Prior to the start of the 2019/20 Premier League season, there was a lot of chatter about the 4 teams that made the top half of the table last season that weren’t the perennial big 6, and why there was a window of opportunity for them to break into the top-6 this season.
The 4 clubs were Wolverhampton Wanderers, Everton, Leicester City and West Ham United, with the promoted side finishing 9 points below 6th place Manchester United, who endured a season that was labelled as one of their worst in recent memory.
One would believe that with some additions in the transfer window for the likes Manchester United, Arsenal and Spurs, they would surely not carry their dismal run towards the end of last season into this season but they have and with 12 gameweeks out of the way, it is the last side to have broken the big 6’s dominance who are sitting in 2nd place. The club is Leicester City and the last time they went on a run like this, they went on to win the Premier League title.
There hasn’t been a more remarkable tale of beating the odds in any sport of the kind that took place in the 2015/16 season. As celebrated as that achievement was, it was a time to reflect for English football, as they were no longer making inroads in European competitions.
There were multiple factors that led to that miraculous league title. Leicester went on a fantastic run in the previous season to beat relegation. There was what we call a ‘a new manager bounce’ and some inspired signings in the manner Riyad Mahrez; who despite being signed in the previous season from Le Havre, didn’t make much of an impact till the end of that season, and the likes of Shinji Okazaki and N’golo Kante.
Kante and Mahrez have since gone on to win Premier League titles with Chelsea and Manchester City respectively and have also been successful with their international sides with the former being World Cup winner and the latter inspiring his nation to African cup of nations glory in the summer. The quality of that Leicester side isn’t in doubt today but the narrative was different at the time and rightfully so.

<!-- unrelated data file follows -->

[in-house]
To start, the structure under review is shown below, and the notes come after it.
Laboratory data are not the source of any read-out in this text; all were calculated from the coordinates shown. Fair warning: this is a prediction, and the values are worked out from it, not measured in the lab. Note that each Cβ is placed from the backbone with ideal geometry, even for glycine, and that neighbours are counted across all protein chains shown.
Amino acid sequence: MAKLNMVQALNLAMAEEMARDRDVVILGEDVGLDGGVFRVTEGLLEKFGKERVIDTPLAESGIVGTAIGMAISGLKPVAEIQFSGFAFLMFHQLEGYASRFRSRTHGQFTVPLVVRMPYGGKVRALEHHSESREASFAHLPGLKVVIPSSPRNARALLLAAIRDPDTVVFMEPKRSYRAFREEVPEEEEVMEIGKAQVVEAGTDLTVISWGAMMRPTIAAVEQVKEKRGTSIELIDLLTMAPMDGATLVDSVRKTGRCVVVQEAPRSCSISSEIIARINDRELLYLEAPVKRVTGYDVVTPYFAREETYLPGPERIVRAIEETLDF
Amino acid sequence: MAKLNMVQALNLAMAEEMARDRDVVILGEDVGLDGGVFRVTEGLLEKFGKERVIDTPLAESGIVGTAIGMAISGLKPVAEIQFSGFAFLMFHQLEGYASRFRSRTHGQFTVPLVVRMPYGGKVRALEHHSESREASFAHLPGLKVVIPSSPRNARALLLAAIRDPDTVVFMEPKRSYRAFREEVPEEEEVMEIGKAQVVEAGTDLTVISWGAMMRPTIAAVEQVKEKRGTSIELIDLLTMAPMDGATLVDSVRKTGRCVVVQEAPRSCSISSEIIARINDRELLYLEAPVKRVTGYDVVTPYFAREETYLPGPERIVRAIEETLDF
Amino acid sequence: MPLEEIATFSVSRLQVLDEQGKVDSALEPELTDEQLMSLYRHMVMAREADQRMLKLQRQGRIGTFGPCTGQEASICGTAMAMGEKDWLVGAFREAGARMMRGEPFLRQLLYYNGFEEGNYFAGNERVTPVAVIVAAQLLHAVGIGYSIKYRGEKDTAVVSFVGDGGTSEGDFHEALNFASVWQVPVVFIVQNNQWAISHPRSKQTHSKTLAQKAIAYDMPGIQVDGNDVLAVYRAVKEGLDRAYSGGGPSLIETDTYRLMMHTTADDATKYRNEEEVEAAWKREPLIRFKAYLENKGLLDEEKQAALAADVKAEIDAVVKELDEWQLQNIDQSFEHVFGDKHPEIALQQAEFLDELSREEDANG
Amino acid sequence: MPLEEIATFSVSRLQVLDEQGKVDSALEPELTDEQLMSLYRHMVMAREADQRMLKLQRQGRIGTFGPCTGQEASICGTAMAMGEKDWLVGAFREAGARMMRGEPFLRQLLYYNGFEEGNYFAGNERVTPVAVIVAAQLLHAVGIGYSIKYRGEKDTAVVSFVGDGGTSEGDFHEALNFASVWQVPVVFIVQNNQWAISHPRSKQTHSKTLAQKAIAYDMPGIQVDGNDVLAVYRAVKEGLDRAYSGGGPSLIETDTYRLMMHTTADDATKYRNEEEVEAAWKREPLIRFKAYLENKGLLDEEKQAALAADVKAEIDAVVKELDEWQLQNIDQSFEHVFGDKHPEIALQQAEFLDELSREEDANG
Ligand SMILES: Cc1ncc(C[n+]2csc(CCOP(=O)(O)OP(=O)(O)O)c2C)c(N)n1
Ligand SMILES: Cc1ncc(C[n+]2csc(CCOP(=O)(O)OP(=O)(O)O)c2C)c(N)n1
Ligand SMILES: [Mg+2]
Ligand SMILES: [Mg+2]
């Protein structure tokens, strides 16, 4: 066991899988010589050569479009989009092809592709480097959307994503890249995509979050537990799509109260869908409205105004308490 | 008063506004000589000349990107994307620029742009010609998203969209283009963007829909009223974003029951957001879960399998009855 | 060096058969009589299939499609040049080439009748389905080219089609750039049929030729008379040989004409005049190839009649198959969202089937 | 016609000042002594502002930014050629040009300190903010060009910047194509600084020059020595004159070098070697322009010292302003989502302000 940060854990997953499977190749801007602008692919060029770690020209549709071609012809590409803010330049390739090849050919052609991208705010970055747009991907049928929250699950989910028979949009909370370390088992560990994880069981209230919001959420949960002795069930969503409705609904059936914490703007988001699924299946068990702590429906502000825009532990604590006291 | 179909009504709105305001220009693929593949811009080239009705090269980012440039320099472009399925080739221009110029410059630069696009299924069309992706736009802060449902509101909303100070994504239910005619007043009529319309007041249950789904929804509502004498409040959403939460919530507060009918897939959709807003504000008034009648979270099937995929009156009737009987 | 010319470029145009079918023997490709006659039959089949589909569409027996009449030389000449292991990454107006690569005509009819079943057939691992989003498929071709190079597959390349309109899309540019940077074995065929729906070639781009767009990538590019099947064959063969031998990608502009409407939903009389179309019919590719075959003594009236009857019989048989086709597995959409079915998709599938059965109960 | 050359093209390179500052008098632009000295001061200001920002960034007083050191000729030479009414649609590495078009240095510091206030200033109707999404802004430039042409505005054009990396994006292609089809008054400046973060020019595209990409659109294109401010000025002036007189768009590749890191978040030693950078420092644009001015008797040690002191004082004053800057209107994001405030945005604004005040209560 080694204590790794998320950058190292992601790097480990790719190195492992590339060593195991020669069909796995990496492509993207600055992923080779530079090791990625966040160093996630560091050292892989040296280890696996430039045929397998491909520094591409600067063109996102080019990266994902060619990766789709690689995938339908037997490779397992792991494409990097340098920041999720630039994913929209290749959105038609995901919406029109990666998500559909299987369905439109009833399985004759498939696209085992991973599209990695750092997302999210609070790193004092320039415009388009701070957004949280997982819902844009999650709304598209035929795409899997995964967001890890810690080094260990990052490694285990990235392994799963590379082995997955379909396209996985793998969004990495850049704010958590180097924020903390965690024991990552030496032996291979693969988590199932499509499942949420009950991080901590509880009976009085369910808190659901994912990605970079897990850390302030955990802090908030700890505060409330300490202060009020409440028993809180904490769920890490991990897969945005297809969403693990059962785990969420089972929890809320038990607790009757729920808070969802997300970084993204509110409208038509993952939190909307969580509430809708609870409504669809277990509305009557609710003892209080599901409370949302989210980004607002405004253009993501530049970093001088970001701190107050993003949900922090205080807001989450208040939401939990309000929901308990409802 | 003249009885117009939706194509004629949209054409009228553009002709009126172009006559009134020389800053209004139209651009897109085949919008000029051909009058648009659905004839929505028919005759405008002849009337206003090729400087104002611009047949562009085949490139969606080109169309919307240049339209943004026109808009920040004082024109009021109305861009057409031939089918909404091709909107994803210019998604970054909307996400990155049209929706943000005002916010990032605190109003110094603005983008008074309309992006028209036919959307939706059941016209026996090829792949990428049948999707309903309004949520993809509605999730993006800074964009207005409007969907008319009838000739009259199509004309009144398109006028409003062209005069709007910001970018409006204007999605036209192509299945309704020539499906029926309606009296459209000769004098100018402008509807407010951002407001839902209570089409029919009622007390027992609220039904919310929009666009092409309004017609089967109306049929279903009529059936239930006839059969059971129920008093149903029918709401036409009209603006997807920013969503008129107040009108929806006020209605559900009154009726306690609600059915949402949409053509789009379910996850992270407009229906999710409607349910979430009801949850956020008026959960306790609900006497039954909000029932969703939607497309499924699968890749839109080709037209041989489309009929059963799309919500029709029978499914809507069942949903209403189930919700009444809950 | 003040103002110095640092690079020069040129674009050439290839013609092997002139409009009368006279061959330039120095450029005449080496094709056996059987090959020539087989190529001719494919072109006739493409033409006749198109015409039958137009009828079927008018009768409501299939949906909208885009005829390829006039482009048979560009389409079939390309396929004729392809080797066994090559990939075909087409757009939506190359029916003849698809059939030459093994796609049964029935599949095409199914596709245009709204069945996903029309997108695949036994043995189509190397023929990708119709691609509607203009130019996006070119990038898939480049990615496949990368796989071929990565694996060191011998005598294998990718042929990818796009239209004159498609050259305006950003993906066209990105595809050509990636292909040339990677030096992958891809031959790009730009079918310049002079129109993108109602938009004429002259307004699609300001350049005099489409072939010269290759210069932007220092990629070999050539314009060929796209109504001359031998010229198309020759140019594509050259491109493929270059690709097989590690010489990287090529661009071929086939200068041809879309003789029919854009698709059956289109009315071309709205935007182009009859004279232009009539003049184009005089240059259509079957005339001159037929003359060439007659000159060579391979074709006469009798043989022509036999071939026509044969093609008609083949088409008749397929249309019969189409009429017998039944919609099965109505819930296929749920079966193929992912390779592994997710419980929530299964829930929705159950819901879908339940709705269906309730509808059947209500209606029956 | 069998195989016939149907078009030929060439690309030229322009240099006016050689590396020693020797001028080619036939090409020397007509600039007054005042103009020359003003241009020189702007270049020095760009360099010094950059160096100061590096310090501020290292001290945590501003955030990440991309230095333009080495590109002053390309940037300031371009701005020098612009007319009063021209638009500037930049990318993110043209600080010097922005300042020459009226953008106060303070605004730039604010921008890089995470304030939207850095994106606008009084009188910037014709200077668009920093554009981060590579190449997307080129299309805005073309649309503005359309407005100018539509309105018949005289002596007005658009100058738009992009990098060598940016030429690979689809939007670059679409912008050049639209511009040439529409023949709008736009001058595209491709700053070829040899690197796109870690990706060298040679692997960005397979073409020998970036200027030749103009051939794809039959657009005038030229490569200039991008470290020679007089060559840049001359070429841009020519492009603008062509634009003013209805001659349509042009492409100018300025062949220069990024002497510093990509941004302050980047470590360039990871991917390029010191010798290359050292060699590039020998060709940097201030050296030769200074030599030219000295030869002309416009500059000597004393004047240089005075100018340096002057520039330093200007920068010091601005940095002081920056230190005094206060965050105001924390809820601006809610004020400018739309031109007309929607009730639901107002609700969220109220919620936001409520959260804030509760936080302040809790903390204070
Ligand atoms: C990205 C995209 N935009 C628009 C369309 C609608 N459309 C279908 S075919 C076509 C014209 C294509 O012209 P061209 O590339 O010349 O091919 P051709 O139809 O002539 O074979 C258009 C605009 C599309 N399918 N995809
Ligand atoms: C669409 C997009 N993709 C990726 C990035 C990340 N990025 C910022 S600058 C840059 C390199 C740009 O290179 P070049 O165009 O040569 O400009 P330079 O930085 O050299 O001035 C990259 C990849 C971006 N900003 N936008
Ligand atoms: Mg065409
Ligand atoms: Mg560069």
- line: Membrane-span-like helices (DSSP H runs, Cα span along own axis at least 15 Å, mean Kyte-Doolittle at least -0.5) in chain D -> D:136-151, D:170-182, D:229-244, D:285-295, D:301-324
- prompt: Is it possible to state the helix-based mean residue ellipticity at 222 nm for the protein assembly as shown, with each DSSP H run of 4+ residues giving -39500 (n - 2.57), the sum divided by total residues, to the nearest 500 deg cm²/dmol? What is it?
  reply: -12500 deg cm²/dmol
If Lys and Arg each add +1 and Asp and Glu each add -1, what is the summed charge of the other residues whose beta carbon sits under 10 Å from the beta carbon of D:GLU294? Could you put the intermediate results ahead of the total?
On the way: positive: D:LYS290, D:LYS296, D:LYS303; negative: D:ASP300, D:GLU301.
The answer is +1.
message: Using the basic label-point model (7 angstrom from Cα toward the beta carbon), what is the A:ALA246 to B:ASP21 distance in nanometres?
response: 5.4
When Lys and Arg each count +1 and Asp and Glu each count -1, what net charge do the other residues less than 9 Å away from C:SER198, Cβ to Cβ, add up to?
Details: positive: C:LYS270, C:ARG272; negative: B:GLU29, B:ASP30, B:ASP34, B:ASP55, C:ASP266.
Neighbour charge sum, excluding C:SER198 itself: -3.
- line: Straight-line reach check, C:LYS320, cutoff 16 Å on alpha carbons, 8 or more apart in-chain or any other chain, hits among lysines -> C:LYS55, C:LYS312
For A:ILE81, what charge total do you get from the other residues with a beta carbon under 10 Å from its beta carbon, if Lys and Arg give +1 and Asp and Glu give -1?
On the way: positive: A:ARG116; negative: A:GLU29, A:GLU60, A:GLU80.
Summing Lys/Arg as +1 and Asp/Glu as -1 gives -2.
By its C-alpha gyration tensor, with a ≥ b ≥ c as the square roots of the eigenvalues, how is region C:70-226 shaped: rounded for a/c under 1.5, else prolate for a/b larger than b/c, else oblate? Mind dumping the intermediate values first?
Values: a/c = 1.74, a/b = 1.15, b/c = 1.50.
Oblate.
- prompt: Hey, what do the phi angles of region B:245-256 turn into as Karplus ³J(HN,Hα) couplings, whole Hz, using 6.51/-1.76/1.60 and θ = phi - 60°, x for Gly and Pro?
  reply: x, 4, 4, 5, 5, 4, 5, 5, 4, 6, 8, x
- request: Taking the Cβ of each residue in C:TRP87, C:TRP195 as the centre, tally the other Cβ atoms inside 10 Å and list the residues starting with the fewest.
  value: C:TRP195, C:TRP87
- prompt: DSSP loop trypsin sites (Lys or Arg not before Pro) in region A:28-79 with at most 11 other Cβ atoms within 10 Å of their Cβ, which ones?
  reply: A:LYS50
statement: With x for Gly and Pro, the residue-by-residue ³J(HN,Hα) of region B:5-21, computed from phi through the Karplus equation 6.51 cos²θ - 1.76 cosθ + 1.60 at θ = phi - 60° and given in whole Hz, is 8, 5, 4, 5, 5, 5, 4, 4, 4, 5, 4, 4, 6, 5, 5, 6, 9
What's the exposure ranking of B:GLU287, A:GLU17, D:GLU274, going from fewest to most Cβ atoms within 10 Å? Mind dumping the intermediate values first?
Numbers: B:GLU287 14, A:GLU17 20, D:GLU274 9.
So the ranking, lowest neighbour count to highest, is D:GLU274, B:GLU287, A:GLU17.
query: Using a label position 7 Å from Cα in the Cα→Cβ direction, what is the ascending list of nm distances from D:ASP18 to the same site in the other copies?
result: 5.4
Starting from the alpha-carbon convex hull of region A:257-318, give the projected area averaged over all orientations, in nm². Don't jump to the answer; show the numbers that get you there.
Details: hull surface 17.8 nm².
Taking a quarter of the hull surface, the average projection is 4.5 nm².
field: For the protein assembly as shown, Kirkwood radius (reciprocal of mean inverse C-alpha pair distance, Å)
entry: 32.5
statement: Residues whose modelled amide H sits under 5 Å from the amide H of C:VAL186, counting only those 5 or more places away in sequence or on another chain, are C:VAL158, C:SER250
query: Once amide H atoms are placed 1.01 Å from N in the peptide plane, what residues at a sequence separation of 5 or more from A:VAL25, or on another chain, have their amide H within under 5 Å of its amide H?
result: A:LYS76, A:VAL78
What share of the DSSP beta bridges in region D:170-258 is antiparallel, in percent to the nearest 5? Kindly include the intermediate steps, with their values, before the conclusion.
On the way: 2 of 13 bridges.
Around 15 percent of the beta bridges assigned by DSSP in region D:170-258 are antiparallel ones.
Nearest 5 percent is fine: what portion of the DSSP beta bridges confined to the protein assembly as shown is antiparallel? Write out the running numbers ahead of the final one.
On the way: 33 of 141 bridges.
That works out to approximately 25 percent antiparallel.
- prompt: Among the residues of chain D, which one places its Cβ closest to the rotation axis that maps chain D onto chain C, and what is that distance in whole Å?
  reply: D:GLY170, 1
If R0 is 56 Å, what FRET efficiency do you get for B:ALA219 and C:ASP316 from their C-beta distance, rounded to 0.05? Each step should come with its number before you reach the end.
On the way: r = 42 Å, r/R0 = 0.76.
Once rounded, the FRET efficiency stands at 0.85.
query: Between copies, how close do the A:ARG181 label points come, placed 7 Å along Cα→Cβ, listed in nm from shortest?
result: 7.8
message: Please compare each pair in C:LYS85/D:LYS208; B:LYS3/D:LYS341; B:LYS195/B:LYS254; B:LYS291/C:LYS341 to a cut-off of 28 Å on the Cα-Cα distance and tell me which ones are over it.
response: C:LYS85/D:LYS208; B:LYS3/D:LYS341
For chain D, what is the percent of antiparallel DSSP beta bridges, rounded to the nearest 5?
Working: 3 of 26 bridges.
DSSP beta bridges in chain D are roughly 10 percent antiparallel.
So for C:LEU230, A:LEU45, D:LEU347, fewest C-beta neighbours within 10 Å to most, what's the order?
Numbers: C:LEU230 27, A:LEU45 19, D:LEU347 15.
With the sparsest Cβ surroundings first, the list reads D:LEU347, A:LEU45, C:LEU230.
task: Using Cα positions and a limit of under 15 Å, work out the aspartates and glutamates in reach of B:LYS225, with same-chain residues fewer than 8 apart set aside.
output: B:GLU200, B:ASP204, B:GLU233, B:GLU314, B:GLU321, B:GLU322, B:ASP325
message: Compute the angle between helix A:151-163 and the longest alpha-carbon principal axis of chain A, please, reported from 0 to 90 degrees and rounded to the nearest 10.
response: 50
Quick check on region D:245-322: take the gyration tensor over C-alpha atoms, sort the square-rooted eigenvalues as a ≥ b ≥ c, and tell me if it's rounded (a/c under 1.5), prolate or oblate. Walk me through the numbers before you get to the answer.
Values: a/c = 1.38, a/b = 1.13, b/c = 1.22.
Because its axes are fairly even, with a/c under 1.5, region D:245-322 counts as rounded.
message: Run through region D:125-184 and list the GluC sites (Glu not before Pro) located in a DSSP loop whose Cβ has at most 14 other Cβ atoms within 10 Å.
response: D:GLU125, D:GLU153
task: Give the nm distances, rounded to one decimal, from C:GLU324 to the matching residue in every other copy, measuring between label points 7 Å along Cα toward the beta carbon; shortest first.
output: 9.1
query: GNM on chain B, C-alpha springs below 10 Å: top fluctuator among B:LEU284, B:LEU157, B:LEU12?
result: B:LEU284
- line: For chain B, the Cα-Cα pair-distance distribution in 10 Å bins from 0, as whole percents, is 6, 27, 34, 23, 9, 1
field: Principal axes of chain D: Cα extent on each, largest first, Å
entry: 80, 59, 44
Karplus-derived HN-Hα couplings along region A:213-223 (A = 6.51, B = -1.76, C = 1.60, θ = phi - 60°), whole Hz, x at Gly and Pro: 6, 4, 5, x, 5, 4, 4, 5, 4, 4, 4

With a relegation battle in the following season, the much-maligned departure of Claudio Ranieri, star players wanting to leave, the displeasure of the Foxes faithful with regards to the style of football under Claude Puel and the tragic circumstances of the death of their beloved owner Vichai Srivaddhanaprabha, the Foxes have had to endure some difficult times in between these fantastic periods.
The one constant, however, was the success in the recruitment department over these 3 seasons and the Leicester faithful believed that the players they had on board were capable of playing a more expansive brand of football than what was on display under Claude Puel, Some sections of the football community might have thought the sense of entitlement around the King Power had blown through the roof since their title win. The board obliged to their wishes and Puel was sacked on 24th February 2019, following a 4-1 defeat at home to Crystal Palace.
The man to take his place was Northern Irish manager, Brendan Rodgers, who had redeemed his reputation during his time in Scotland with Celtic after making a name for himself in English football with Swansea and Liverpool.
Rodgers’ time at Liverpool was a mixed-bag. He very nearly won them that elusive Premier League title in the 2013/14 season but with the departure of Luis Suarez, a declining Steven Gerrard and some questionable recruitment in the following seasons, he was sacked early in the 2015/16 season.
Known for favouring his football sides to control games with a lot of possession, Rodgers has used the same philosophy at the King Power to great effect. There is a case to be made that the side is over performing in the attacking third as expected goals has them only scoring 15.66 goals (understat). They’ve scored 29, which means that they’ve scored 13 goals more than they were expected to and a lot of credit must be given to their talisman Jamie Vardy, who has reputation for his amazing conversion rate.